Love your White Space

Love your White Space

White space seems to be a controversial aspect of design i.e designers love it and non designers hate it. When designers talk about ‘white space’ they don’t necessary mean the colour white, they are referring to the negative space on the canvas, meaning the areas in the design that don’t contain any elements. There are numerous reasons why white space is important . So in this blog I am going to talk about the main reasons as to why I think it is important, hopefully converting none designers in the process. Okay, let’s start!!

1. Less is more – Sounds cliché but it’s absolutely 100% true…well…when it comes to design that is… maybe not on your birthday or Christmas or anything like that. But in design it is very beneficial and can speak volumes for a design. Believe it or not less can actually speak more on your canvas, making your artwork have a bigger impact. As I said previously white space doesn’t mean ‘white’ it’s areas that don’t contain elements. Here is an example of the iconic Tiananmen shot, and how less can actually say more by attracting the eyes and focal point.


2. Legibility and Clarity – The use of white space can create much more clarity, it gives viewers breathing space and time to absorb the information they are receiving, without giving them a visual headache. With the use of white space you can get the viewer to receive the main overall message of your design easily as there is no other visual noise present. This places their focus on the main objective/message you are trying to get across.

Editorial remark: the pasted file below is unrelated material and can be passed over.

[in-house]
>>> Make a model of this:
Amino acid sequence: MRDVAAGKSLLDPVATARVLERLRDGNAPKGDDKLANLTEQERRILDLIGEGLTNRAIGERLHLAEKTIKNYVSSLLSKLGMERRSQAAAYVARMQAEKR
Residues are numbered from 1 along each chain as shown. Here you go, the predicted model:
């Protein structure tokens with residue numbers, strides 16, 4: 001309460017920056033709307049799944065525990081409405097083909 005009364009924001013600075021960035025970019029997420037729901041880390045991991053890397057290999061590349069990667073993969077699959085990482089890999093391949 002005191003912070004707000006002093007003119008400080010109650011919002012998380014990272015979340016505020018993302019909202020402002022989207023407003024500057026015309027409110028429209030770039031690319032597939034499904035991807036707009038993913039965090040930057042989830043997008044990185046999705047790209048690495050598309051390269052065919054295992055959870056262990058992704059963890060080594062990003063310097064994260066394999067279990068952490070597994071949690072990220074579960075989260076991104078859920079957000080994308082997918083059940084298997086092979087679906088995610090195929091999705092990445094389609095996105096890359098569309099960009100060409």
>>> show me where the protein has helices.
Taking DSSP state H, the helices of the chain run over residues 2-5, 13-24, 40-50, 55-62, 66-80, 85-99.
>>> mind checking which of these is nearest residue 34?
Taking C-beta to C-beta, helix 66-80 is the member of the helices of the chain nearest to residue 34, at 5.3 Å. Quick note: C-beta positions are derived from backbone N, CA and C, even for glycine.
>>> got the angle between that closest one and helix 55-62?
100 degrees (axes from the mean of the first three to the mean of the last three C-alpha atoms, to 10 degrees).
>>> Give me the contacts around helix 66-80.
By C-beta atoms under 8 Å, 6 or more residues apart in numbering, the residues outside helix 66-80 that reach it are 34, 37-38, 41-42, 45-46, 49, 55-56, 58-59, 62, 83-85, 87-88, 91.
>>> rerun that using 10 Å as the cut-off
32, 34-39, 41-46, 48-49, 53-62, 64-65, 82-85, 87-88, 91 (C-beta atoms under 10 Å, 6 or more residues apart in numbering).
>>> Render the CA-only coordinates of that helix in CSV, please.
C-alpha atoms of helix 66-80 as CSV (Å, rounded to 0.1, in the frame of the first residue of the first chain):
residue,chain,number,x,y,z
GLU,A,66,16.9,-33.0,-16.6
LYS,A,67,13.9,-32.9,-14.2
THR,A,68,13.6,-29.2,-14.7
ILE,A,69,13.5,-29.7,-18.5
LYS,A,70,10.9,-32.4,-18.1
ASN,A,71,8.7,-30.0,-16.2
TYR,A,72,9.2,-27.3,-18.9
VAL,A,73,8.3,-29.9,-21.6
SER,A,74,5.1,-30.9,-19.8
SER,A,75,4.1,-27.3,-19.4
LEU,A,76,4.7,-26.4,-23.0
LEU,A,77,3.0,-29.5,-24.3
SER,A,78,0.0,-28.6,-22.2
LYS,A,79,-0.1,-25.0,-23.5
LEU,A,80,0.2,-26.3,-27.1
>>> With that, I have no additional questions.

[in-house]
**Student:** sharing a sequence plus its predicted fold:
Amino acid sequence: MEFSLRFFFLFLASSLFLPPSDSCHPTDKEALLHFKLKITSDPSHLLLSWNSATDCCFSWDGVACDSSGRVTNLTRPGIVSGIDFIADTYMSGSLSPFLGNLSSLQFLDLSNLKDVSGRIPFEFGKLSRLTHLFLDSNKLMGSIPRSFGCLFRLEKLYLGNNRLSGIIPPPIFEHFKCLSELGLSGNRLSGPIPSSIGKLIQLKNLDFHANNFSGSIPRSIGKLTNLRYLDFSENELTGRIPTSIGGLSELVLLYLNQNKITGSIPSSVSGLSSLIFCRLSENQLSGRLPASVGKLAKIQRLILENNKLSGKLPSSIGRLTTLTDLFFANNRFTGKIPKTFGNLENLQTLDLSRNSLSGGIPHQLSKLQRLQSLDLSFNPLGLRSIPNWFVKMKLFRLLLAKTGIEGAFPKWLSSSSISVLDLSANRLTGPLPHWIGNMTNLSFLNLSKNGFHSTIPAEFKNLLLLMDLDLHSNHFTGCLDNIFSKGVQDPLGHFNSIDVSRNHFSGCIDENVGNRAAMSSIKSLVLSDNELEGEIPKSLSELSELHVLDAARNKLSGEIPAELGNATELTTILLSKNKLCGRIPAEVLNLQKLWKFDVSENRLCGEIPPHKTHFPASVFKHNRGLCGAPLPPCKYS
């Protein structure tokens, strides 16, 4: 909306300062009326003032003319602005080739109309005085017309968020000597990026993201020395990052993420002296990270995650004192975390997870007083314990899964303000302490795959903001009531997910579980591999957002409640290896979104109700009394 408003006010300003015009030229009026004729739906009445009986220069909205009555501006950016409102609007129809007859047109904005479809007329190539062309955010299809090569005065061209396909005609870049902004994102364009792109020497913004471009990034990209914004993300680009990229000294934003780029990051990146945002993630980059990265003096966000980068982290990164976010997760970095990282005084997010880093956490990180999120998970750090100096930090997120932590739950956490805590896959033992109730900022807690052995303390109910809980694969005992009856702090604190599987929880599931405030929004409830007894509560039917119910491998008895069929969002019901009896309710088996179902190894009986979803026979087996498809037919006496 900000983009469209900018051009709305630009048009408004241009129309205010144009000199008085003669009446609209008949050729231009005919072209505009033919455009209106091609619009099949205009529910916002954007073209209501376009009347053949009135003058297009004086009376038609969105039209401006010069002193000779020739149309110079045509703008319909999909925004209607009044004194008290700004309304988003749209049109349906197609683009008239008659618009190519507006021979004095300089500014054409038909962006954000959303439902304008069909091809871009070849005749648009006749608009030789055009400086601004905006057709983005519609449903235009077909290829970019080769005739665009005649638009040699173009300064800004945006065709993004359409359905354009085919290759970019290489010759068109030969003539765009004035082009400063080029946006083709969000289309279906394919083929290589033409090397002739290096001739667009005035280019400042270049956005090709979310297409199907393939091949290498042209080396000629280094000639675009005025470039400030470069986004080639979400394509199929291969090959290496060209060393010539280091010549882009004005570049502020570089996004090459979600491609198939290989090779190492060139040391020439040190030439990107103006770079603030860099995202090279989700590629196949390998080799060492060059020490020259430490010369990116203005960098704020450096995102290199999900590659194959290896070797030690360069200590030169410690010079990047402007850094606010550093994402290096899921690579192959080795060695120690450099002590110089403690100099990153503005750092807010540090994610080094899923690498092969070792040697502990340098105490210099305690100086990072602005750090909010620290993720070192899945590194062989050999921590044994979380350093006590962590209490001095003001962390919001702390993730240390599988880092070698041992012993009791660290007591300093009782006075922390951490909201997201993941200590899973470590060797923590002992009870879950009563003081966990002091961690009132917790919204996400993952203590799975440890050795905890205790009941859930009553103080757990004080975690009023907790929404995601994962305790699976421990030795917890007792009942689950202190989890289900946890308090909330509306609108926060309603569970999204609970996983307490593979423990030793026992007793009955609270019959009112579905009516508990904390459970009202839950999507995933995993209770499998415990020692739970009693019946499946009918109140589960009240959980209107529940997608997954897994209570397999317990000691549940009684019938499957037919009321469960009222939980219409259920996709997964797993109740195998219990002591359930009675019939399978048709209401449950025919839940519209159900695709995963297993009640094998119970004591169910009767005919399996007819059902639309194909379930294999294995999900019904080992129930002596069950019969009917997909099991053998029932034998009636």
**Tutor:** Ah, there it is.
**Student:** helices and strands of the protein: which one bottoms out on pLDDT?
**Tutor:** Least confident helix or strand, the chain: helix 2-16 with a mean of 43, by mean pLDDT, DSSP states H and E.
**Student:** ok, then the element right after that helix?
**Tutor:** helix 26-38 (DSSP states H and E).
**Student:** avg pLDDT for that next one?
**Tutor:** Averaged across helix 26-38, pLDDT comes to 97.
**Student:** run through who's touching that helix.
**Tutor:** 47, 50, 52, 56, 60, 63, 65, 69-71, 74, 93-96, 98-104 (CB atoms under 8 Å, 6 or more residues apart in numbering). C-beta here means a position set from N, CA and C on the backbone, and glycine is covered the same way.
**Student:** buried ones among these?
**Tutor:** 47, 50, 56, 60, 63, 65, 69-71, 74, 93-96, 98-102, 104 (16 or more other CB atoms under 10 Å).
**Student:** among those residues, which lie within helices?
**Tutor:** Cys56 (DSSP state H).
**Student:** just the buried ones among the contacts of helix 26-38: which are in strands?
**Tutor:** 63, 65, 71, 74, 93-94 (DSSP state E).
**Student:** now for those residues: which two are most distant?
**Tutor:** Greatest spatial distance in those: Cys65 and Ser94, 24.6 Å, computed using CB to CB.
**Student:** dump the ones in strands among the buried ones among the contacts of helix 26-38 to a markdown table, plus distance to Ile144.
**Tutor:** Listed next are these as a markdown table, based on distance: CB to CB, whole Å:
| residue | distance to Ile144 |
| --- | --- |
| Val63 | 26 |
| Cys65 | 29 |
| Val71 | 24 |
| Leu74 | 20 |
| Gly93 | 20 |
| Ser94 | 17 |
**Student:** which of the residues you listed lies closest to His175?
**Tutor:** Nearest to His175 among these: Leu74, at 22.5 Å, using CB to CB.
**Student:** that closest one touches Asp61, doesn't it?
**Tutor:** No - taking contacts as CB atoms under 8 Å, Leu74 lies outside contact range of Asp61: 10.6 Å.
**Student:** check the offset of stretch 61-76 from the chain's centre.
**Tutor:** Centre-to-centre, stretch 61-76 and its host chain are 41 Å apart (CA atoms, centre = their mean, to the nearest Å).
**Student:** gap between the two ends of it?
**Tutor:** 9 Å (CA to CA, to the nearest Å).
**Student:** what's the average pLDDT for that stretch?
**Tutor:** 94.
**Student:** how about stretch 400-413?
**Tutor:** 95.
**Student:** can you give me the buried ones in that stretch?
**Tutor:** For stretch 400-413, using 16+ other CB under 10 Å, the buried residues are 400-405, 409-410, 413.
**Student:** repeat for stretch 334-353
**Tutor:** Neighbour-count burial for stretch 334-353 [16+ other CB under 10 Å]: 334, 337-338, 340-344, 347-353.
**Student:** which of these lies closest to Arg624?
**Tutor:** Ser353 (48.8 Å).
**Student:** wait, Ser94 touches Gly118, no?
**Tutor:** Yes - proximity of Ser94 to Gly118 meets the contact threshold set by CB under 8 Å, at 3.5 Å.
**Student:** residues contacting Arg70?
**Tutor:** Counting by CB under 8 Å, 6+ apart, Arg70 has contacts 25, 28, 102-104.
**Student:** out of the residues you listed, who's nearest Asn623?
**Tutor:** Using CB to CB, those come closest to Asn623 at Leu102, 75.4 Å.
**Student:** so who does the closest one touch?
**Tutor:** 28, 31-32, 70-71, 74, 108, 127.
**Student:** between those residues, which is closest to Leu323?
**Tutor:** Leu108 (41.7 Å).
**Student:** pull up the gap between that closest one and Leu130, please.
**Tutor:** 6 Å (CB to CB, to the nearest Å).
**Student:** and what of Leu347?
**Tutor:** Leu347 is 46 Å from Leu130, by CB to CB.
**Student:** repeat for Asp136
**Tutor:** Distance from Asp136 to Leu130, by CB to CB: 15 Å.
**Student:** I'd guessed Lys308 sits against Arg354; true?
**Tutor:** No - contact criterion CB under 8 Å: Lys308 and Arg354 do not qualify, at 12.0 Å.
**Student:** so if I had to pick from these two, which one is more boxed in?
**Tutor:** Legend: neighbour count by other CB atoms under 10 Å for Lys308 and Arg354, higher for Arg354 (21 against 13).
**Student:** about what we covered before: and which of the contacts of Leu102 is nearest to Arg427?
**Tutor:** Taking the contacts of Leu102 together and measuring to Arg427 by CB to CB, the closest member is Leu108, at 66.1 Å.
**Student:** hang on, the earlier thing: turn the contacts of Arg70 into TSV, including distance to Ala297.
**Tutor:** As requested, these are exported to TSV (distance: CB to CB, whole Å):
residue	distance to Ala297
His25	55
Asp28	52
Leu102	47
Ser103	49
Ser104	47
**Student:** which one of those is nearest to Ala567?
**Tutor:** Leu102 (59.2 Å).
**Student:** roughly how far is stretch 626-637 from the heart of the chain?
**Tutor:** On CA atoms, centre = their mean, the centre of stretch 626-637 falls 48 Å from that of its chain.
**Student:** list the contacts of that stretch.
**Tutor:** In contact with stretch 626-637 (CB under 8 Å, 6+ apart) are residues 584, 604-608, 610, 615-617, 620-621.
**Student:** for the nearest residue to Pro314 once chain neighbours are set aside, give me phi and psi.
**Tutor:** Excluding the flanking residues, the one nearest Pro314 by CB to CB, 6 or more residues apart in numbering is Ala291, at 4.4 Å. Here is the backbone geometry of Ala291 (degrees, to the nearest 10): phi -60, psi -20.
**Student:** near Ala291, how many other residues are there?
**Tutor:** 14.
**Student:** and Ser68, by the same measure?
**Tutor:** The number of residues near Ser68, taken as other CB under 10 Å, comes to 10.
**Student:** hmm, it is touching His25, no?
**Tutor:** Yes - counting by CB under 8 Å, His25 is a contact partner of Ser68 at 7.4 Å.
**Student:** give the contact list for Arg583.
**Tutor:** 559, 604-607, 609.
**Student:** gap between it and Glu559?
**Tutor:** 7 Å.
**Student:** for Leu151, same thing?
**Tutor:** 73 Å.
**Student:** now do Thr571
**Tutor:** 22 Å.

Also white space can create a harmonious, legible layout for viewers as it easier on the eye (you wouldn’t want to read a newspaper article with no, or teeny tiny vertical spaces between sentences). White space can also show the relationship between one element and another.  For example with the image below, the designers use of negative space for the text, balances out the entire layout not making it look so crowded even despite the use of a full colored picture on the page. It breathes, doesn’t look messy and visually head-achey.

space letters

3. It’s NOT Negative space – ‘Not negative??’ I hear you say. ‘But Charlene, all you’ve blabbed on about in this post IS NEGATIVE SPACE!’ and I must reply you are right, oh wise one. But I am not talking about it NOT being negative. I am saying negative space isn’t negative, it’s space you should use to your advantage and incorporate into the design…you can design the space…creating interesting visuals…confused? Ok, images speak louder than words so below is an example of a Christmas poster I created for a shoe shop.

Cinderella Xmas

Pretty cool huh… 🙂

Designers don’t use white space because they’re lazy or whatever, designers design with negative space. They use it to their advantage. Designers see every aspect of elements on the canvas and ‘that blank space’ you think isn’t getting used, is actually getting used and it is there for a very good reason. Designers essentially use negative space just as they would any other element like type and imagery. They don’t see it as an empty, blank vessel. So non-designers need to learn to love and appreciate negative space as it is very important to any kind of design, and as you can see from this post it can make powerful imagery, create legibility and clarity to any piece of work, and enhance visuals. Negative space isn’t ‘negative’ it is a very valuable design tool.

But what do you guys think? Do you love white space? or hate white space? Feel free to get in touch and let me here your feelings and ideas 🙂

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